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Waggling your club at address does more than just keep the tension away
Mike Weir, the Canadian golfer who won last year's Masters, is well-known for his distinctive pre-shot routine, in which he takes the clubhead back to about hip height, before returning it to the ball and almost immediately taking his full swing.

What he's doing is reminding himself of those first few vital feet of movement that the clubhead takes immediately back from the ball - he's ingraining into his muscle memory the start of his swing. And as Mike is one of the most consistent players, and certainly one of the straightest hitters, on Tour, it's a routine from which we could all learn.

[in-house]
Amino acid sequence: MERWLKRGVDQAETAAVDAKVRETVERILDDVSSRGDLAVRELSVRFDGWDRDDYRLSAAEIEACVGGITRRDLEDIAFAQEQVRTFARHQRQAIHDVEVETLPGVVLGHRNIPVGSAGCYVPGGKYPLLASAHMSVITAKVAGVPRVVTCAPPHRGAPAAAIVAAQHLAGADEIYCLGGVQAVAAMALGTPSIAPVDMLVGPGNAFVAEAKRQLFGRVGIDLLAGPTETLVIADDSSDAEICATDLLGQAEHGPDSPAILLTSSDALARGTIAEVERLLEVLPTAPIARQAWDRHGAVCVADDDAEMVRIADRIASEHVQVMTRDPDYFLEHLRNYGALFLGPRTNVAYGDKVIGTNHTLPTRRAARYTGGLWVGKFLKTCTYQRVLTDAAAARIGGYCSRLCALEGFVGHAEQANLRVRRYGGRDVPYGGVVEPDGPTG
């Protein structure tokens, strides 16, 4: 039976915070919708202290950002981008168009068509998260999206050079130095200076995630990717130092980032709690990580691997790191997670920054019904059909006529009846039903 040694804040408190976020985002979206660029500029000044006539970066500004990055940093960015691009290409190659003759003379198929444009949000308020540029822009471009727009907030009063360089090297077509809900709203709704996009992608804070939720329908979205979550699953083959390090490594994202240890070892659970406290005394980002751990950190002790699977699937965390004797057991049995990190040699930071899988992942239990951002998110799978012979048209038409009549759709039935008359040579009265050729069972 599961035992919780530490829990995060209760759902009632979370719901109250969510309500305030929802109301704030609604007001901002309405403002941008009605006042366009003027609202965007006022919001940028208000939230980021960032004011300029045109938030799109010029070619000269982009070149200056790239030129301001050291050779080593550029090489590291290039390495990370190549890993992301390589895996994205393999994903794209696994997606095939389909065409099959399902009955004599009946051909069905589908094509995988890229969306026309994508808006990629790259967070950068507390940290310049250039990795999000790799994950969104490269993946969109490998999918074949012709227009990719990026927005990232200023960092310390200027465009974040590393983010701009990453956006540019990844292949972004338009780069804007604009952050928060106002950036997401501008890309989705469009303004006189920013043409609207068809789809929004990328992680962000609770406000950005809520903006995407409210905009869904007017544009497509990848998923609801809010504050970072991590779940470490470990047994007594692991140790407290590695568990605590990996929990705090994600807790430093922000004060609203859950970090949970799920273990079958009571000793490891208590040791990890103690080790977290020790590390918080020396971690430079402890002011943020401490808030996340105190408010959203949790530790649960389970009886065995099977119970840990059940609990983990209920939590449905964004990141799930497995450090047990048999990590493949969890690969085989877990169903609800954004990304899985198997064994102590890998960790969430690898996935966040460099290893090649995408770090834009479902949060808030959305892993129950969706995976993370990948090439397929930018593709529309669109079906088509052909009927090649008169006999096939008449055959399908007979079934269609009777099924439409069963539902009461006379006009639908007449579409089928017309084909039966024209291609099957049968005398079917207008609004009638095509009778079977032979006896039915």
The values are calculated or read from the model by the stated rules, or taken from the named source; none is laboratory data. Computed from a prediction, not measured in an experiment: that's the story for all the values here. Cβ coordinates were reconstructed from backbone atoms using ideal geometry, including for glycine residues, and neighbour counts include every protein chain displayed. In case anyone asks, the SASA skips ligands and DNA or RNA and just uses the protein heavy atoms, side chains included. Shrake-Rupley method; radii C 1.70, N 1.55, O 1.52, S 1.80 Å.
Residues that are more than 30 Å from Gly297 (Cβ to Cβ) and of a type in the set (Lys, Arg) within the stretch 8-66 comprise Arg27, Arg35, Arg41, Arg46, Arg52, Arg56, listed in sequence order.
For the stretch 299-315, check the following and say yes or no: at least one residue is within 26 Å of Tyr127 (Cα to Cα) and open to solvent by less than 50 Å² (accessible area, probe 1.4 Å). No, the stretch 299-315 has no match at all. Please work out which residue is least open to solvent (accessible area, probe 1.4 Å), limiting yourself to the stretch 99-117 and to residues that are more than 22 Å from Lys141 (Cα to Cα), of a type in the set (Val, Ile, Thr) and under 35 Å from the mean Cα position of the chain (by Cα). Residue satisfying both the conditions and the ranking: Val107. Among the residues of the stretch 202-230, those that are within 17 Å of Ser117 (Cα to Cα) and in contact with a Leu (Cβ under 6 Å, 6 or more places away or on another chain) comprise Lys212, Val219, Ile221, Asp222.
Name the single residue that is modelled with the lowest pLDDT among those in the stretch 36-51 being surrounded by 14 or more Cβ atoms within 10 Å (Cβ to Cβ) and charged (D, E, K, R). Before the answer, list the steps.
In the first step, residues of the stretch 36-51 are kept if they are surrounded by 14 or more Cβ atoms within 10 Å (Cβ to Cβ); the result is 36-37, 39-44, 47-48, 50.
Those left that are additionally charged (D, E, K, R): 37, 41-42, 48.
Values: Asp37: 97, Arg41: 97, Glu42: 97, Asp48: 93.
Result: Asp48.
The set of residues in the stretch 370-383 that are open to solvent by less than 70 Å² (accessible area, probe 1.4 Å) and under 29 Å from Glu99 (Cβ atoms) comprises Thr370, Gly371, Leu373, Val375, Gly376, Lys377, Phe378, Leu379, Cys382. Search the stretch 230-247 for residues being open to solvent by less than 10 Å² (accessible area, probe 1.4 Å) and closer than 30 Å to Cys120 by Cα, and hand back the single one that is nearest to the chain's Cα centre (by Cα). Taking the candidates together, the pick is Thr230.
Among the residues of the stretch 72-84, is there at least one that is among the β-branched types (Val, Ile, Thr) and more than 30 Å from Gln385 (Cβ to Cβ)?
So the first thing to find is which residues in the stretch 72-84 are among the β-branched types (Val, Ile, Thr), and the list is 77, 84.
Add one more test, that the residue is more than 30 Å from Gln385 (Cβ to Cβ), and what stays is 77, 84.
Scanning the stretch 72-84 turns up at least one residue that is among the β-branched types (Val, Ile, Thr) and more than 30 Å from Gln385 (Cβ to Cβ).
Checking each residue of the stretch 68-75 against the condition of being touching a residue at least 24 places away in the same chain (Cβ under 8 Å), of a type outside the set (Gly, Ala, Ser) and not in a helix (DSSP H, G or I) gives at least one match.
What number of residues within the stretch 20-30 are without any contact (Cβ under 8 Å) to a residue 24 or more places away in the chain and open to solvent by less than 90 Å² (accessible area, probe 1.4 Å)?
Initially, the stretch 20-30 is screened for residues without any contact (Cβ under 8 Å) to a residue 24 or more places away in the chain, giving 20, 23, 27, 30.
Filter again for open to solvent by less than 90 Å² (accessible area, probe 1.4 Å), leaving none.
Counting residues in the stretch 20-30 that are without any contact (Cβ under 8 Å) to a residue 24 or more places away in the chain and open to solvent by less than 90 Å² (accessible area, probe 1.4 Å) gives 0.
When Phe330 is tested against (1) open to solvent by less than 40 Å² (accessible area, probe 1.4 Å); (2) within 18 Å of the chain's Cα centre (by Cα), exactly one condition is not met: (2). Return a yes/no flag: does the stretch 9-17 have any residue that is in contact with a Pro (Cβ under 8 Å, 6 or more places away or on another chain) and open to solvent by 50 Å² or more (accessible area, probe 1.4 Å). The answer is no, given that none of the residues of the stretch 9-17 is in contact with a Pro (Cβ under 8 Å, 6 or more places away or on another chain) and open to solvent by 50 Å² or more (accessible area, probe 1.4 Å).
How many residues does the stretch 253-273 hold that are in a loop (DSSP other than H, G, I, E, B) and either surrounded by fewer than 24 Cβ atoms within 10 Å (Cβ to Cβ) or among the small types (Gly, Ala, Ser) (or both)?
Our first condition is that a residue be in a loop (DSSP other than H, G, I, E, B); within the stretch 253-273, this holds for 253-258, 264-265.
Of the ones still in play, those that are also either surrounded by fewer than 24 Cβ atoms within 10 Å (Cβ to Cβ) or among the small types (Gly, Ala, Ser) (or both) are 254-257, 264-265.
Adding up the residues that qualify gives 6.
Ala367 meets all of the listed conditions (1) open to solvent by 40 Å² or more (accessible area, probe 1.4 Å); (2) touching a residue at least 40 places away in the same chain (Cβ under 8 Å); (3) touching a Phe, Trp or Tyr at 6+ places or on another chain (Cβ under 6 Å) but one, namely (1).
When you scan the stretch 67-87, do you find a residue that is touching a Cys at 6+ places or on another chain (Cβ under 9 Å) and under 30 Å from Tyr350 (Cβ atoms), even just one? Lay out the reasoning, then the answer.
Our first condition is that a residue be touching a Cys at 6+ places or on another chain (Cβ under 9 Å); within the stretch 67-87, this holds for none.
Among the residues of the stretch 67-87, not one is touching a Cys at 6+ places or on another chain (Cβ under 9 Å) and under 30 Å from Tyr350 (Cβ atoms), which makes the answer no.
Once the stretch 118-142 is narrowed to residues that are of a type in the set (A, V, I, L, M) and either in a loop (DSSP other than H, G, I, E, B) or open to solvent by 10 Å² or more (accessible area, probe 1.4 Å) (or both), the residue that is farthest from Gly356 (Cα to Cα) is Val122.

But you need to be careful because the waggle that most of us take can become just as deeply ingrained as the movement that Mike Weir makes, but with less successful consequences.

Watch other players and you will almost certainly notice that if their waggle, is 'inside' the line, then so will be their swing. If they waggle 'outside' the line the chances are they will swing that way too; and if their waggle is straight back from the ball, so will their full swing be.

Therefore, if you are trying to swing the clubhead on a specific path, make sure that's how you waggle it.

The waggle is a good way of keeping your arms loose and relaxed but you need to be aware that it is also a good way of dictating what your eventual swingpath will be.

©    31 - AUGUST 2004

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